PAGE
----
Many of the libraries throughout the world, including Australia and New Zealand purchased copies of these indexes, as did many family history societies. I received hundreds of letters and emails from all over the world thanking me for compiling the indexes, as many people were able to find details of their ancestors, which they could follow up in other records if they have survived.

I published this series in book, microfiche and e-book format.

In the last few years the National Library of Australia has scanned these microfilms of each of these newspapers and digitally released them on their website under Trove, in their Historical Newspapers section. In theory this makes my indexes obsolete as the word search facilities of the National Library site makes all the records available at the press of a button.

However, as I have often stated, any family historian who relies on the computers facilities to find all their family history entries will often be very disappointed. Often many thousands of possible entries have to be sieved through to see if your family is indeed there. Also, the text recognition program used, although very helpful cannot hope to be 100% accurate. The printing of these early newspapers range from very dark and easy to read print to very faint and impossible to read. It needs the human eye to interpret those dark and smudged, as well as those faint broken text words. I have spent some forty years working with early 18th and 19th Century newspapers from all over the world, and have had much experience in working out those troublesome words.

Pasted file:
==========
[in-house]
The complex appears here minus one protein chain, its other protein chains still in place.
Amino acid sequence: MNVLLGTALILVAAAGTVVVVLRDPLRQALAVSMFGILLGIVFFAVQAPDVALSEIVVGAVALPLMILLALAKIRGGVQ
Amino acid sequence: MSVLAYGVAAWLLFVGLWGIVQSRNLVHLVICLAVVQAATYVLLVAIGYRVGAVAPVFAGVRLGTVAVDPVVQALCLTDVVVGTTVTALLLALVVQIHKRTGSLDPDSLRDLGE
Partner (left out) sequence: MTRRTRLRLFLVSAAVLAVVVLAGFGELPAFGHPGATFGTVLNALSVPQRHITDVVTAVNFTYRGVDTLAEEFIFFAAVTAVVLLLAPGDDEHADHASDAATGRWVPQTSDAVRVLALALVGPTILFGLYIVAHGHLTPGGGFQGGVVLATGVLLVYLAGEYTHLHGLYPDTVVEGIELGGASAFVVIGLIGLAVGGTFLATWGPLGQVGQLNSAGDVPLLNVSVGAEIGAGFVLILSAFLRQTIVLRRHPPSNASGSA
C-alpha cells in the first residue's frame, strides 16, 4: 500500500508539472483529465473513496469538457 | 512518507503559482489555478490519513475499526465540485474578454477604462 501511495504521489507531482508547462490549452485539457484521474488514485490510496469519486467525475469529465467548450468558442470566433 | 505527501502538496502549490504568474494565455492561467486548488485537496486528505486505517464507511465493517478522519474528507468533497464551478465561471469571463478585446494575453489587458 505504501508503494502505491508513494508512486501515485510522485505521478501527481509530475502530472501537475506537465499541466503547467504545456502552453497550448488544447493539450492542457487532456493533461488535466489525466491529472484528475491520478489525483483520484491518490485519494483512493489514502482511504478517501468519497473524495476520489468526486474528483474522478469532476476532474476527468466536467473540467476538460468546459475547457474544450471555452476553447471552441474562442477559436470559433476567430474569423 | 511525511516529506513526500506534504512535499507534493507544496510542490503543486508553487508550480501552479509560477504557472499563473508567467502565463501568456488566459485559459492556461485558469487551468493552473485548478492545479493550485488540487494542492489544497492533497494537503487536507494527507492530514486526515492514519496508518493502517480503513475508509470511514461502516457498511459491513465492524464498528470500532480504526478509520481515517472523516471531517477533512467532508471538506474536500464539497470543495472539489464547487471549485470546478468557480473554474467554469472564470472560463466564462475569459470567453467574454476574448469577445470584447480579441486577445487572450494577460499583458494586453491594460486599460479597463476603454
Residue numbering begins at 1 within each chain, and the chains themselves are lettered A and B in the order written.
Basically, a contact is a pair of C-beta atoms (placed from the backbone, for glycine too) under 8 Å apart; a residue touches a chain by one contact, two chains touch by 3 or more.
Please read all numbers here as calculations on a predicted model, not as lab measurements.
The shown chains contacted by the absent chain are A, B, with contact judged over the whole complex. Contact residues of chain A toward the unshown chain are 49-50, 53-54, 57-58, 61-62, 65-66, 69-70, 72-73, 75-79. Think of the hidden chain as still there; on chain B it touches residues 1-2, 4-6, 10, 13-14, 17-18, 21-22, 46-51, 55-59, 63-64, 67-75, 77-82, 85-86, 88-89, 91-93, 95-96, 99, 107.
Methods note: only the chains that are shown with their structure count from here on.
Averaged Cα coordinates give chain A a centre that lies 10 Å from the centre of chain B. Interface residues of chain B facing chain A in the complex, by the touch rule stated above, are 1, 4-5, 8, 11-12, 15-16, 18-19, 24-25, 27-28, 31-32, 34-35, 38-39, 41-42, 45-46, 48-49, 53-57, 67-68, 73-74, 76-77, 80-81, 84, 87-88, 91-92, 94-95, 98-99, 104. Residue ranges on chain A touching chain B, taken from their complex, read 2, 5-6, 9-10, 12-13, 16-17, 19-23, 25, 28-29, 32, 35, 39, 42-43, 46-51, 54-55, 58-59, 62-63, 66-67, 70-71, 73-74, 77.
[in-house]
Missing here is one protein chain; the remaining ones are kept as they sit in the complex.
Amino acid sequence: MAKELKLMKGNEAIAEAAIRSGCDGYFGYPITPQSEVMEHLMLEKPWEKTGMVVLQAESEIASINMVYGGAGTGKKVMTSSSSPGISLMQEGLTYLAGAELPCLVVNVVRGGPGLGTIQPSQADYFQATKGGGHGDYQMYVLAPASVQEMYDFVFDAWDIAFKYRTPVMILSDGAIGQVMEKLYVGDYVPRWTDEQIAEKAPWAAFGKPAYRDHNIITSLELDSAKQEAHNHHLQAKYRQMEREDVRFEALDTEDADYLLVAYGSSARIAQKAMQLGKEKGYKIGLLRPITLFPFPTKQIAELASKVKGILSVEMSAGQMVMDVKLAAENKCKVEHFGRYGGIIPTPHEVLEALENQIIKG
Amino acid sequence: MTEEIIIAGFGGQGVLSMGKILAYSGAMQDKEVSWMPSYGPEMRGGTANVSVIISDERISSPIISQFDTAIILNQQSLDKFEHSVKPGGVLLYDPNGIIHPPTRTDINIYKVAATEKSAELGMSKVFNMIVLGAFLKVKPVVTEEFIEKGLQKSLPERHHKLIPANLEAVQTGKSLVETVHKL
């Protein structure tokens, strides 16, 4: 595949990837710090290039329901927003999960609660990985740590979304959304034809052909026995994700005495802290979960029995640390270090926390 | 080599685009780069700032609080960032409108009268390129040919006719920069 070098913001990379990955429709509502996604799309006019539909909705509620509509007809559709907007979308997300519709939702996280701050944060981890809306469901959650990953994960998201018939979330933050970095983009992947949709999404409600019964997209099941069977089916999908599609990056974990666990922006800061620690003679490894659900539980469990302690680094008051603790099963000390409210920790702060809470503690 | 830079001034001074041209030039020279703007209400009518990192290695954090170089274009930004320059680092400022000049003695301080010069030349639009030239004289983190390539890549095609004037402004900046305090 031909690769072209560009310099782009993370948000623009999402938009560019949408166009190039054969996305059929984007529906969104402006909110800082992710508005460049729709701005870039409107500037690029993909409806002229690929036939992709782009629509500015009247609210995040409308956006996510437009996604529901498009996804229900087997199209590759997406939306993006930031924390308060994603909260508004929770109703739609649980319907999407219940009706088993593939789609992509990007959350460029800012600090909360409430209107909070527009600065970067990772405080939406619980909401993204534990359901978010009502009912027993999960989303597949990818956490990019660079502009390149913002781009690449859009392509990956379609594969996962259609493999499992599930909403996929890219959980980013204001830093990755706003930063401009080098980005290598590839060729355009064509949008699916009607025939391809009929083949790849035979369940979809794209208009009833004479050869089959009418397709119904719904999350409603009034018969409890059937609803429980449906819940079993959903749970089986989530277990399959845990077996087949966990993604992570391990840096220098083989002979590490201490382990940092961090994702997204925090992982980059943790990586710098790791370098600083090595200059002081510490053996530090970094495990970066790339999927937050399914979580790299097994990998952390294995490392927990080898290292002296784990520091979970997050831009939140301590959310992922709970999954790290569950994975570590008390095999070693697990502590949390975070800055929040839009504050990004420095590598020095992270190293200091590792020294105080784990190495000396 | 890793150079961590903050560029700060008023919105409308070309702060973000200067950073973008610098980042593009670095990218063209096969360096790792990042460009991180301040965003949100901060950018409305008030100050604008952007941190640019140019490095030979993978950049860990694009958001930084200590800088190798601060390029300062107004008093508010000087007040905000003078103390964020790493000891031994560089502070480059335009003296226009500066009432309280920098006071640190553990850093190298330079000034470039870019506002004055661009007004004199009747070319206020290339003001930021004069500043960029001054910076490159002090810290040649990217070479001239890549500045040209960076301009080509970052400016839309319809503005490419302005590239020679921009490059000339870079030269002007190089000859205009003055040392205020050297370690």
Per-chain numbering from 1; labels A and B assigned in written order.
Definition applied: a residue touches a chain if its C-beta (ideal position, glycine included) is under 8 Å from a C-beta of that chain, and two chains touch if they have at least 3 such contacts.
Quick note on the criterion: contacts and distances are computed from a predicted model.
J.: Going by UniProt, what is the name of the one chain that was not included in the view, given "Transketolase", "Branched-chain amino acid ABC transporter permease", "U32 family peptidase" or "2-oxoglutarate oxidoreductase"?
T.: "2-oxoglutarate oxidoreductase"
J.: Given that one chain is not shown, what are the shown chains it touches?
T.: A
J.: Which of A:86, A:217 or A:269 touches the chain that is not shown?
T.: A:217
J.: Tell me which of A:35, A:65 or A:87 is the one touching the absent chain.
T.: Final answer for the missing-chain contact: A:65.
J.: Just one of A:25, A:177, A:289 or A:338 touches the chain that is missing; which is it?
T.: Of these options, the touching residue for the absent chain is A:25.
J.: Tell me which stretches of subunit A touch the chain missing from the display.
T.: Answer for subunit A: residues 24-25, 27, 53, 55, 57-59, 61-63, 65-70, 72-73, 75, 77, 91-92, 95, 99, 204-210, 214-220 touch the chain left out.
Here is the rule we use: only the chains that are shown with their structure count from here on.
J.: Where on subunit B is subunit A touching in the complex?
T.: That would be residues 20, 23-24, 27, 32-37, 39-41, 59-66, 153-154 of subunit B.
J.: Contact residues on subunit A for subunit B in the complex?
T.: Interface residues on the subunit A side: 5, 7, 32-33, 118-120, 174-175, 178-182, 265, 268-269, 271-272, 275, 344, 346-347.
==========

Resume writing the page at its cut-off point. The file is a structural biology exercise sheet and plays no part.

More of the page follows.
I would use the National Library of Australia newspaper website everyday, but always consult my indexes if working in the 1830- 1840 time frame, as it saves me many hours of time. I immediately know if there is an entry, and in which newspaper I should be looking in.

Why not give these indexes a try, as you just never know, they just may solve your research problem.

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Planning the Work and Working the Plan

Over the last few weeks I have continued to refine my system and consistently sorted and filed the information I have on each of our ancestors, and their immediate families. I then entered this information into my computer family history program.

While tracing these ancestors from the present generation back generation by generation I have collected most of the pertinent birth, marriage and death certificates, from the Registrars of Births, Deaths and Marriages in the various states in Australia, for each individual, who is a direct ancestor, However, having one reference or document, of an event, is not the whole story, nor can we consider it ‘proof’ of a correct ancestor.

I then embarked on the quest for other documents concerning the events of births, deaths and marriages to add further details of our ancestors. I first sort the baptism, marriage and burial entries in the church registers of our parents and grandparents. The marriage certificates of my paternal family stated that the services had been conducted by the Anglican Church in Murwillumbah, in northern New South Wales. There were no on-line indexes to search because the events were too recent, but I was able to find the relevant name, address and phone number to approach the Diocesan Church Archives, which confirmed they held the records for Murwillumbah. The records are not open to the public, but the archivist will carry out a search on an enquirer’s behalf. The fee schedule is available on request.